It’s fun to watch the movie from a 20-year distance, to see how Shyamalan both hinted at and concealed his Big Reveal. It’s obvious on repeat viewing that Cole immediately sees Malcolm as a ghost: He initially runs from him, fears him, hides in a church, and slowly warms up to Malcolm as he realizes the shrink is sincerely trying to help — and later, that he can be helped.
Watching The Sixth Sense is a bit like rewatching Fight Club, just to see how David Fincher handled the challenge of a character who isn’t really there. In fact, looking back, it’s a mini-miracle that The Sixth Sense and Fight Club could be released within months of each other and coexist in a spoiler-free universe.
Both movie were hits, but The Sixth Sense grew into a monster — opening at $26 million its first weekend on Aug. 6, building and holding its audience to an astounding degree, week after week after week. Subsequent weekends registered at $25 million, $23 million, $20 million, then back up to $22 million. Unheard of. The Sixth Sense was one of the last great word-of-mouth movies of the pre-Marvel, pre-blockbuster era, when movies were allowed to marinate in theaters and build an audience, which means it may well be one of the last great word-of-mouth hits ever made.
That big rug-pull of an ending is surely part of the movie’s success, but there’s more to it than that. We are completely invested in the emotional core of the story — Cole’s fear of being honest about his visions, and thus losing his mother (“She doesn’t look at me the way everybody else does, and I don’t want her to”). That’s why the scene in the car when he divulges his secret is so riveting; there’s so much on the line, and it’s so well-acted by Osment and Collette. And it’s because we naturally think the movie is over when that decisive conflict is resolved, that we are blindsided by the late-game revelation of Malcolm realizing he’s dead.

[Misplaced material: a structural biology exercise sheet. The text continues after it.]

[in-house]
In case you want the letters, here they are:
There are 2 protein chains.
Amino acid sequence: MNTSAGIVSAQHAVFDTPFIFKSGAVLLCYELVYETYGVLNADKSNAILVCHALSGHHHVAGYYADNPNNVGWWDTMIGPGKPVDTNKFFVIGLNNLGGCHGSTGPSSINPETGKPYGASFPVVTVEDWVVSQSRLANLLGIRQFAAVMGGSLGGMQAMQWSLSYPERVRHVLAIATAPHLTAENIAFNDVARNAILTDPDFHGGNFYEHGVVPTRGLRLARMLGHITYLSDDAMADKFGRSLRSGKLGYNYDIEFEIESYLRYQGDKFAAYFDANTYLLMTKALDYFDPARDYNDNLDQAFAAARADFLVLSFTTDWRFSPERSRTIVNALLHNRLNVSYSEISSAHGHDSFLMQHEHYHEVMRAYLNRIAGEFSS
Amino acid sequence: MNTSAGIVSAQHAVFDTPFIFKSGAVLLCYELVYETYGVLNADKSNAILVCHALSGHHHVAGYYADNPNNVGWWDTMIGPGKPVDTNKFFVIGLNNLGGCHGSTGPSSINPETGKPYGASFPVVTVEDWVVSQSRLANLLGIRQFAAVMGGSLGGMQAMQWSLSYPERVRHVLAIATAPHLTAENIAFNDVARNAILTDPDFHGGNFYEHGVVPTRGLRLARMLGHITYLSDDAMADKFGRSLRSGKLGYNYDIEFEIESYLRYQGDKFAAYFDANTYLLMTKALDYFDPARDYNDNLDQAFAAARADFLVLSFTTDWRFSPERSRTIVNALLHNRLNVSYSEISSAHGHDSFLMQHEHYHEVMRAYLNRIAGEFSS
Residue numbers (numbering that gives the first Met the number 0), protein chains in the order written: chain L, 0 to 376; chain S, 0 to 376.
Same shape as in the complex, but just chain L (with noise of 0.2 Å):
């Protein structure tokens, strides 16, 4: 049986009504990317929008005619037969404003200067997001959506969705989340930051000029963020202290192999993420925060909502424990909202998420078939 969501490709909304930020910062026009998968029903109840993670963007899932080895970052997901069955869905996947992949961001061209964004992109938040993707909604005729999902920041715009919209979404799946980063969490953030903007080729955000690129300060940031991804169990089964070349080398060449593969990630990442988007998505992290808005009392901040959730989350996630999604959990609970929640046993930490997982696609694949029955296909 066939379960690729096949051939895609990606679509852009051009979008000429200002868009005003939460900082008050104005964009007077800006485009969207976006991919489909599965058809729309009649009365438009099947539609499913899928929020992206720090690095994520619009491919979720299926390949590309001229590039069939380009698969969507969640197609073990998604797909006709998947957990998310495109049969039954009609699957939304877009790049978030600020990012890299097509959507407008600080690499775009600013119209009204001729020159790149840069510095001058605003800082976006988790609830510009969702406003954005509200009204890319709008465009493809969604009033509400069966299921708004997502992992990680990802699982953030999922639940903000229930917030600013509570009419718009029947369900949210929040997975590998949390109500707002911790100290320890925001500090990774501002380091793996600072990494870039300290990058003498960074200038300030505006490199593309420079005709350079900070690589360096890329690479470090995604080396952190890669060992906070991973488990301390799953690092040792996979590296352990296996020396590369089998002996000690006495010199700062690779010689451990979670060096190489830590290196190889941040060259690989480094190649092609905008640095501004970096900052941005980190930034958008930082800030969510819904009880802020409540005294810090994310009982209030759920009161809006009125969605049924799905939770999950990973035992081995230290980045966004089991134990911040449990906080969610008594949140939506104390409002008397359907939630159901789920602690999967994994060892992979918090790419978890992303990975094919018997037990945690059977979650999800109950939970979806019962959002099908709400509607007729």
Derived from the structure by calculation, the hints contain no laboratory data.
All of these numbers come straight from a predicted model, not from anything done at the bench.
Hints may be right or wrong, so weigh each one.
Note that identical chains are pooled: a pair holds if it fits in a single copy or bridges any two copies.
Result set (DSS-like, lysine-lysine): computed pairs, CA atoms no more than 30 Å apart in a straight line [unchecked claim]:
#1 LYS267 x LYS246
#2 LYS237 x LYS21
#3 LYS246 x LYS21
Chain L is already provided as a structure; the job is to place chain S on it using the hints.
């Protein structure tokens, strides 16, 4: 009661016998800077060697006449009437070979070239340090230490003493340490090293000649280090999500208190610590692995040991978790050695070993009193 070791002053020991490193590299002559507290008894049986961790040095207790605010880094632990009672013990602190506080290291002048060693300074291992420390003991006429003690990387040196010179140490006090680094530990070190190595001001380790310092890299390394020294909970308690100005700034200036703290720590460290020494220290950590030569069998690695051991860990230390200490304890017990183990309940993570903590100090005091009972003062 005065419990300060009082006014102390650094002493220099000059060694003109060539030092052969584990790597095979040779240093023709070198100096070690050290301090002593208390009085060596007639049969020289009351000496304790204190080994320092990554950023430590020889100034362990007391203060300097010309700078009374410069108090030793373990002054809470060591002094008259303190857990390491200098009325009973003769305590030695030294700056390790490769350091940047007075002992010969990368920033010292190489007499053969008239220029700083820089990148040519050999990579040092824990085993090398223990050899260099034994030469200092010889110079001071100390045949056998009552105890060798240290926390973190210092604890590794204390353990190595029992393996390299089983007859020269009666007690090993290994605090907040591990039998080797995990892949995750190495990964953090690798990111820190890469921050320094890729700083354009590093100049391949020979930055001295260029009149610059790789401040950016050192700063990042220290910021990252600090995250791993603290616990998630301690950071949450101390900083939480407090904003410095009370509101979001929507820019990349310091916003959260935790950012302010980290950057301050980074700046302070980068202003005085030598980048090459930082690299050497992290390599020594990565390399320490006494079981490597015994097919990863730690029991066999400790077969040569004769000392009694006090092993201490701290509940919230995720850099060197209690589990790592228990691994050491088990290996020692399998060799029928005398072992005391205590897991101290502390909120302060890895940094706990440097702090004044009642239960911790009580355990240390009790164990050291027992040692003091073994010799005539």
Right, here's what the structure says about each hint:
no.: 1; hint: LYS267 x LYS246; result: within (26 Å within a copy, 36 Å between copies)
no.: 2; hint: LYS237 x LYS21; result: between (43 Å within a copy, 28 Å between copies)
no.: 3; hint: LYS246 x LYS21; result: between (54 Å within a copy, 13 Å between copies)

Looking back, we can’t be surprised that the movie benefits from the performances of Willis, or Collette, or the underrated Olivia Williams (Rushmore, An Education). But it’s a bit shocking to see how much The Sixth Sense relies on the performance of young Osment. He has a prodigious amount of screen time, is asked to carry a great deal of emotional weight, and he’s so freaking good.
You don’t see better performances by an actor that age. I remember Willis saying so 20 years ago, when I interviewed him. To paraphrase: This kid can only give this performance once. He will grow, he will change, he will be a different person and different actor, and it’s amazing that when called upon, he did it perfectly.
There is something chilling, still, about seeing Osment as little Cole, peering over the covers of his bed, telling Malcolm, finally, that he sees dead people – all the time, “walking around like regular people.”
And here is another element that feels more pronounced in retrospect: Shyamalan’s suggestion that people can be physically dead or spiritually dead.
As Cole puts it: “They don’t know they’re dead. They don’t see each other. They see what they want to see.”
Like regular people.
The lines have a creepy resonance that reaches across the years, and contribute to the movie’s own well-earned afterlife.